Tuesday, October 10, 2023

Publishing SBOMs for open-source projects

Software Bill of Materials (SBOMs) are a recent hot topic, in part due to an executive order by the US government which references making an SBOM available on a public site. Making a signed SBOM available publicly allows downstream projects to consume the SBOM automatically using tooling to list dependency names and versions, what licenses they use, what vulnerabilities are known about them, etc. 

When looking at a recent Apache commons-codec version in Maven Central recently, I noticed that it was publishing signed SBOMs in both CycloneDX and SPDX formats. Inspired by this, I've started to add similar functionality to the other ASF projects I contribute to, starting at first with CycloneDX support. It's very easy to do this for Java-based projects by just adding Maven plugins, see for example.

Last month, version 4.0.0-M1 of the Apache XML Security for Java library was released. The SBOM is available on Maven Central along with the released artifacts.

Let's see what we can do with this SBOM by hand. Firstly let's download it and the signature:

  • wget https://repo1.maven.org/maven2/org/apache/santuario/xmlsec/4.0.0-M1/xmlsec-4.0.0-M1-cyclonedx.json
  • wget https://repo1.maven.org/maven2/org/apache/santuario/xmlsec/4.0.0-M1/xmlsec-4.0.0-M1-cyclonedx.json.asc

Validate the signature (using the KEYS file):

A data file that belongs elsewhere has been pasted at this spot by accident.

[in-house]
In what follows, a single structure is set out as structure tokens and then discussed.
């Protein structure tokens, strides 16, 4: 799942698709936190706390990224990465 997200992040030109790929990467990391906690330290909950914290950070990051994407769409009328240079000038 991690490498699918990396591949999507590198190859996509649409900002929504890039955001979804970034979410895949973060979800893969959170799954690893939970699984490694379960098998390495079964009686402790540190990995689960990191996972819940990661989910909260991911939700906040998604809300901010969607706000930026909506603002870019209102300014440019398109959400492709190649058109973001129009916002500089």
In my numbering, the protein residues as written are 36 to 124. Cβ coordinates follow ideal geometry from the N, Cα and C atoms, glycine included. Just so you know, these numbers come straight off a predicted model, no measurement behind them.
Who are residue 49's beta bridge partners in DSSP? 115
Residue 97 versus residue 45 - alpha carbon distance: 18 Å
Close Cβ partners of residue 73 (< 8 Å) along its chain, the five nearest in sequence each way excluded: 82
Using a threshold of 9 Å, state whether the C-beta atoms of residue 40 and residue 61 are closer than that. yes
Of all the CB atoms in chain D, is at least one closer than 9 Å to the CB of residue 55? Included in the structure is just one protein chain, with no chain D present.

• gpg --verify xmlsec-4.0.0-M1-cyclonedx.json.asc

Now we're ready to answer some questions about the library. 

What library name, versions and licenses are third-party dependencies of Apache XML Security for Java 4.0.0-M1? We can extract this information using the jq tool and some hacking:

  • jq -r '.components[] | .group + "/" + .name + ":" + .version + "," + (.licenses?[]?.license | flatten | join(" "))' xmlsec-4.0.0-M1-cyclonedx.json

Next we might want to know if any of these dependencies have publicly known vulnerabilities. For this we can use the excellent Grype tool, which parses the sbom directly:

  • grype sbom:./xmlsec-4.0.0-M1-cyclonedx.json

For now at least, it outputs that no vulnerabilities were found. So by using the SBOM with some third-party open-source tools we can find out what the third-party dependencies are, re-assure ourselves that they are available under a business-friendly open-source license, and ensure that there are no known vulnerabilities associated with them. Hopefully more open-source projects will roll-out having publicly available SBOMs for their releases to make answering these questions easier.

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